Lack of identification among women and girls is a major issue across the world because without it they cannot access basic service such as mobile connectivity, education and health. In 2018, in partnership with the World Bank and Caribou Digital, GSMA’s Digital Identity programme launched the Commonwealth Digital Identity Initiative. Through research, partnerships and advocacy assistance, the programme seeks to advance efforts to ensure a digitally-enabled identity is available to every woman and girl in the Commonwealth by 2030.
As the initiative draws to a close, we reflect on the Digital Identity team’s work and some learnings from the last two years.
One of our most in-depth studies to date, Digital Identity Opportunities for Women: Insights from Nigeria, Bangladesh and Rwanda, explores the incentives, challenges, and benefits that women and girls experience, compared to men, when engaging with digital identity systems or services. It also provides an overview of mobile and identity landscapes in the three countries. This study ends with recommendations of how mobile operators, government and organisations, building digital identity solutions, can leverage mobile technology to increase adoption, as well as the use of digital identification and identity-linked services, especially among women and girls.
Through our work, we have learnt the deployment of scalable, mobile-enabled digital identity platforms often depends heavily on a government’s commitment to building digital, secure and verifiable foundational forms of identity.
As policy, regulatory and cultural factors can significantly contribute to the identity gender gap, we conducted a comparative study to see how these factors impact women and girls across 10 Commonwealth countries. Exploring the Gender Gap in Identification: Policy Insights from 10 Countries, identifies the unique barriers women face when accessing and using official identification, and explores government-led initiatives that are in place or can be introduced to address these barriers.
This research has been pivotal to the advocacy work we have done under the Commonwealth Digital Identity Initiative. Using insights from the report, we developed our in-depth capacity building course – Digital Identity for the Underserved and the Role of Mobile. The course, aimed at policymakers with a relevant remit, examines the role of mobile operators and technology in establishing digital identification systems and how digital identity can empower people to become digital citizens and fully participate in today’s digital economy. To date 100 course participants from over 20 countries were exposed to insights on how mobile technology could bridge the identity gap (by supporting ID enrolment) and how it could facilitate access to services that would incentivise people to register for a digital ID. Yet, in order for these benefits to be realised, conducive privacy frameworks and trust between the government and the mobile industry are key.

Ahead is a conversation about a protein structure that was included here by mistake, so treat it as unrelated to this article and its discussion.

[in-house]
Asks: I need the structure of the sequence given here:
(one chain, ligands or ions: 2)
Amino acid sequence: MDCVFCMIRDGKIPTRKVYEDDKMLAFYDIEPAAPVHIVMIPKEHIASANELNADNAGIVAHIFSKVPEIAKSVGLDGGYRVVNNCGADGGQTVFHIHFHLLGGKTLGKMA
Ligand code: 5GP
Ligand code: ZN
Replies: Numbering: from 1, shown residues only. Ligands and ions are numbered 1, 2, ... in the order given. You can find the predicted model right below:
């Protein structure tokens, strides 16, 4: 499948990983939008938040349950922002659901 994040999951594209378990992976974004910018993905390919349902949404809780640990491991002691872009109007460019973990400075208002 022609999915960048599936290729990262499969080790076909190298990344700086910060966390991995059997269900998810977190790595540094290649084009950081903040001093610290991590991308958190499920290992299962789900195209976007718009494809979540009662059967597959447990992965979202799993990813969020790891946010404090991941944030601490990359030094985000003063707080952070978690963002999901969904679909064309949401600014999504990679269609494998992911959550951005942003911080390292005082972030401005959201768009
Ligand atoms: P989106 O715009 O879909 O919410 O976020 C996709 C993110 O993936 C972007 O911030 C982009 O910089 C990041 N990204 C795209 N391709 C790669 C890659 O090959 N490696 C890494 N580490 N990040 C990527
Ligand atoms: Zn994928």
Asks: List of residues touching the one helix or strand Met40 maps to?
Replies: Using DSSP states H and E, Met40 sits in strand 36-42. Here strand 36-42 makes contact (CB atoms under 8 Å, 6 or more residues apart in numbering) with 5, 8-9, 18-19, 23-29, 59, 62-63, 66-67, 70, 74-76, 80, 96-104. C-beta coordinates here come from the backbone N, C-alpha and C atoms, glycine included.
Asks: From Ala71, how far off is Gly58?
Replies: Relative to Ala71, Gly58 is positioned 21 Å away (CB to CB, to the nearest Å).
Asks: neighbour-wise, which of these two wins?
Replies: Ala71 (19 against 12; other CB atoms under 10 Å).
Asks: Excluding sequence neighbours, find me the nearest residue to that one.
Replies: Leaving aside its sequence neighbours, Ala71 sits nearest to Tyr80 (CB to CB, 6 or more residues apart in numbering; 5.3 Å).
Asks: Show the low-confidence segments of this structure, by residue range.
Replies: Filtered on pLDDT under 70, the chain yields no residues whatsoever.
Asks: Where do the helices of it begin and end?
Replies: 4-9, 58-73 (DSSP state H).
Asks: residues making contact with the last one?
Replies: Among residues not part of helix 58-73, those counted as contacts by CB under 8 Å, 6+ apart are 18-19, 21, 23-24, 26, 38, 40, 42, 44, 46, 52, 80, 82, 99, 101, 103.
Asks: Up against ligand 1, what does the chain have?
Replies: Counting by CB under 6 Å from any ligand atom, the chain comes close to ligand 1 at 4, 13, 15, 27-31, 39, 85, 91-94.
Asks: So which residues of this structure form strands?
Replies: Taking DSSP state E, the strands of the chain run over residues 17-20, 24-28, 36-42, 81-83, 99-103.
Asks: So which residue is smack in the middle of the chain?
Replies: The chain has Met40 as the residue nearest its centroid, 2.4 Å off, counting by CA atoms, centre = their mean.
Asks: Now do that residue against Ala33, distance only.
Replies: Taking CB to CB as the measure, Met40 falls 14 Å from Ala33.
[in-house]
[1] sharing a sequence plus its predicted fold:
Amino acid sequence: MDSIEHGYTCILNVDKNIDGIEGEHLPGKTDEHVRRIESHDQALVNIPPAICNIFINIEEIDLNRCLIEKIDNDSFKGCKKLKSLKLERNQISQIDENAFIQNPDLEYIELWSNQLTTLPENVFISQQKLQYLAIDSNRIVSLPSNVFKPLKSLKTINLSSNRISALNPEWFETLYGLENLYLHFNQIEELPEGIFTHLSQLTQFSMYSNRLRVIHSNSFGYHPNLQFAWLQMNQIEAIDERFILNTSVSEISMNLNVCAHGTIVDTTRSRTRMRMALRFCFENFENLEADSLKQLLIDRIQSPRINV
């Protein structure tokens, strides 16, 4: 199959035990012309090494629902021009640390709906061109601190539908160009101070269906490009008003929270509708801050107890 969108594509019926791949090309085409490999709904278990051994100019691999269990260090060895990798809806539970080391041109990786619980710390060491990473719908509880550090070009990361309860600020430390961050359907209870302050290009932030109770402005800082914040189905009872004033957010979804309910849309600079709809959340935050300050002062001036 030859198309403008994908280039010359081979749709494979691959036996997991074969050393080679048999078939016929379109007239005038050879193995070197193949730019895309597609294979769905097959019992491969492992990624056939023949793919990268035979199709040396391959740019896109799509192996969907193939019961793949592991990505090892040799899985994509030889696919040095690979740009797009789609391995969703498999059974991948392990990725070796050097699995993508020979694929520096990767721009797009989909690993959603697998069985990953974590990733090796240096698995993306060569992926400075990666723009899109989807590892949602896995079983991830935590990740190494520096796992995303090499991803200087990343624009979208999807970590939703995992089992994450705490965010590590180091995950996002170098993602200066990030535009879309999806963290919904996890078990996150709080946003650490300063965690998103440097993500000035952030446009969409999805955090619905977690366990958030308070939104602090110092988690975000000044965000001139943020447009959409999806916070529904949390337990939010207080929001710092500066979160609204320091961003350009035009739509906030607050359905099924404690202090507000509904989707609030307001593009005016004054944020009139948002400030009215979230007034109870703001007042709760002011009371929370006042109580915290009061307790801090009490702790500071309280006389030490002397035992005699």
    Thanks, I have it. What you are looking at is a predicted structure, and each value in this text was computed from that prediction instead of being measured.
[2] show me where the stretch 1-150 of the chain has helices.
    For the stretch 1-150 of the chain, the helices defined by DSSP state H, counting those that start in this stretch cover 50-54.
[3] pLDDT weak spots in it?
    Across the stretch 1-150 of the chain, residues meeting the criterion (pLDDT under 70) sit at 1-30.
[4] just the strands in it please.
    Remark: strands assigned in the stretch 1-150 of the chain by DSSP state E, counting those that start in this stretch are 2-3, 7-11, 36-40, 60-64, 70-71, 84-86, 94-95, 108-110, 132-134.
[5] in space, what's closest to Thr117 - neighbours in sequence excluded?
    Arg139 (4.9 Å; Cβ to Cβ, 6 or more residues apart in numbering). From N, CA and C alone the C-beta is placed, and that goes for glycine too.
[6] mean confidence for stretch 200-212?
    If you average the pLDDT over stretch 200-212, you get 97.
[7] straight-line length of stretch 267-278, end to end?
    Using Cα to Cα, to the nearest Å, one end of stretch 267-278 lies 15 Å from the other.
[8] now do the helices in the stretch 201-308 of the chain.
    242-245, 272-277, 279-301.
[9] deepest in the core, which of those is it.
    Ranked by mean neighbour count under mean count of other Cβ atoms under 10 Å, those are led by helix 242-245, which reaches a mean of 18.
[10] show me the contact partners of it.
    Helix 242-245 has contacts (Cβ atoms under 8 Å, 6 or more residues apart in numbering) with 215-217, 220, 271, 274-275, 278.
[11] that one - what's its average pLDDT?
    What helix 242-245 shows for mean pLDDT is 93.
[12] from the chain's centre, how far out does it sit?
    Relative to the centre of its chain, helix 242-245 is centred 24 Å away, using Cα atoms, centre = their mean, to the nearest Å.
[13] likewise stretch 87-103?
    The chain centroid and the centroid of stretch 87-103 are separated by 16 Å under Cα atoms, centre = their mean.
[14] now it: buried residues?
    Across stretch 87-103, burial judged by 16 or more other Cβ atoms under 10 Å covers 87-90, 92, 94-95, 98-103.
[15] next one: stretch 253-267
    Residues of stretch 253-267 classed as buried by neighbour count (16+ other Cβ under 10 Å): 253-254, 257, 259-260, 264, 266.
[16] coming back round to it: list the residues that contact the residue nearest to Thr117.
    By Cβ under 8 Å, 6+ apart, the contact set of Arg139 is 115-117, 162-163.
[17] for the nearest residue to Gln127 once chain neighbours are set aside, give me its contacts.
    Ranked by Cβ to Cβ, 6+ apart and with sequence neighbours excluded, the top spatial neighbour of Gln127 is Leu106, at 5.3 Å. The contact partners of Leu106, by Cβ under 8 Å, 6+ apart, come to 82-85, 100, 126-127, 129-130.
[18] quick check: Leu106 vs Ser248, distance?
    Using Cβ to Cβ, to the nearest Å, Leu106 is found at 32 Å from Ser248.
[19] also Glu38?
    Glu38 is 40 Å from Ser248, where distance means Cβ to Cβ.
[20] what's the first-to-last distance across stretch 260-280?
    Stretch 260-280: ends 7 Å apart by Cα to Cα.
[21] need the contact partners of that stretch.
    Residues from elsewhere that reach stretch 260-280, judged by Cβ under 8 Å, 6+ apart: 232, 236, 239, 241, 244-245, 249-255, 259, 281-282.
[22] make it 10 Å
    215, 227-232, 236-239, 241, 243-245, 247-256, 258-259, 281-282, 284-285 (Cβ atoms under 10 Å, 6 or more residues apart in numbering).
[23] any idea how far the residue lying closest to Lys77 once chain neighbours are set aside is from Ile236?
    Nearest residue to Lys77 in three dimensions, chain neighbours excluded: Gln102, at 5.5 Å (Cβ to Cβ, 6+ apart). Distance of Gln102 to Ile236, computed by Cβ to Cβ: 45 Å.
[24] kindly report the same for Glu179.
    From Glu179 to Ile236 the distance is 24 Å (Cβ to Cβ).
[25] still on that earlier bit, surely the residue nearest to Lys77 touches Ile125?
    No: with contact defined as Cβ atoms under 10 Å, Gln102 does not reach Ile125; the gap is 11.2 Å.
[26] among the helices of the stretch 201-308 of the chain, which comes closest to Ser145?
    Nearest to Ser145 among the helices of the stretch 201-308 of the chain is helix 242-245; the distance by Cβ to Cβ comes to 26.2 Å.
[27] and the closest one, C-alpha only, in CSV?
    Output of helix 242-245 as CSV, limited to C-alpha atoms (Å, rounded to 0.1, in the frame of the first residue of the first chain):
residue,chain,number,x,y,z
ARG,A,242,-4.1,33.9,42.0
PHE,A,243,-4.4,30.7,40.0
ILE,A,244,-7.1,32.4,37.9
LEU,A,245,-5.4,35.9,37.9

While research and advocacy are important parts of what we do, it is not all we have done to advance identification for all women and girls in the Commonwealth by 2030. We partnered with 9mobile in Nigeria to assist them with the development of an economic identity service, 9ID. The service, aimed at small business owners, is based on the creation of an economic ID that verifies the identity of a business and demonstrates its trustworthiness to customers, suppliers and service providers. The aim of 9ID is to help small business owners prove their value so they can access the credit needed to grow their business. Piloted in March 2020, the service aspires to gradually offer additional services to these small business owners on the 9ID platform.
Looking ahead to the future we will be examining how we can build trust between governments and mobile operators, especially where governments are committed to building digital identity ecosystems and are open to the benefits of Public Private Partnerships with Mobile Industry players.
This initiative is currently funded by the UK Department for International Development (DFID), the Australian Government, the GSMA and its members.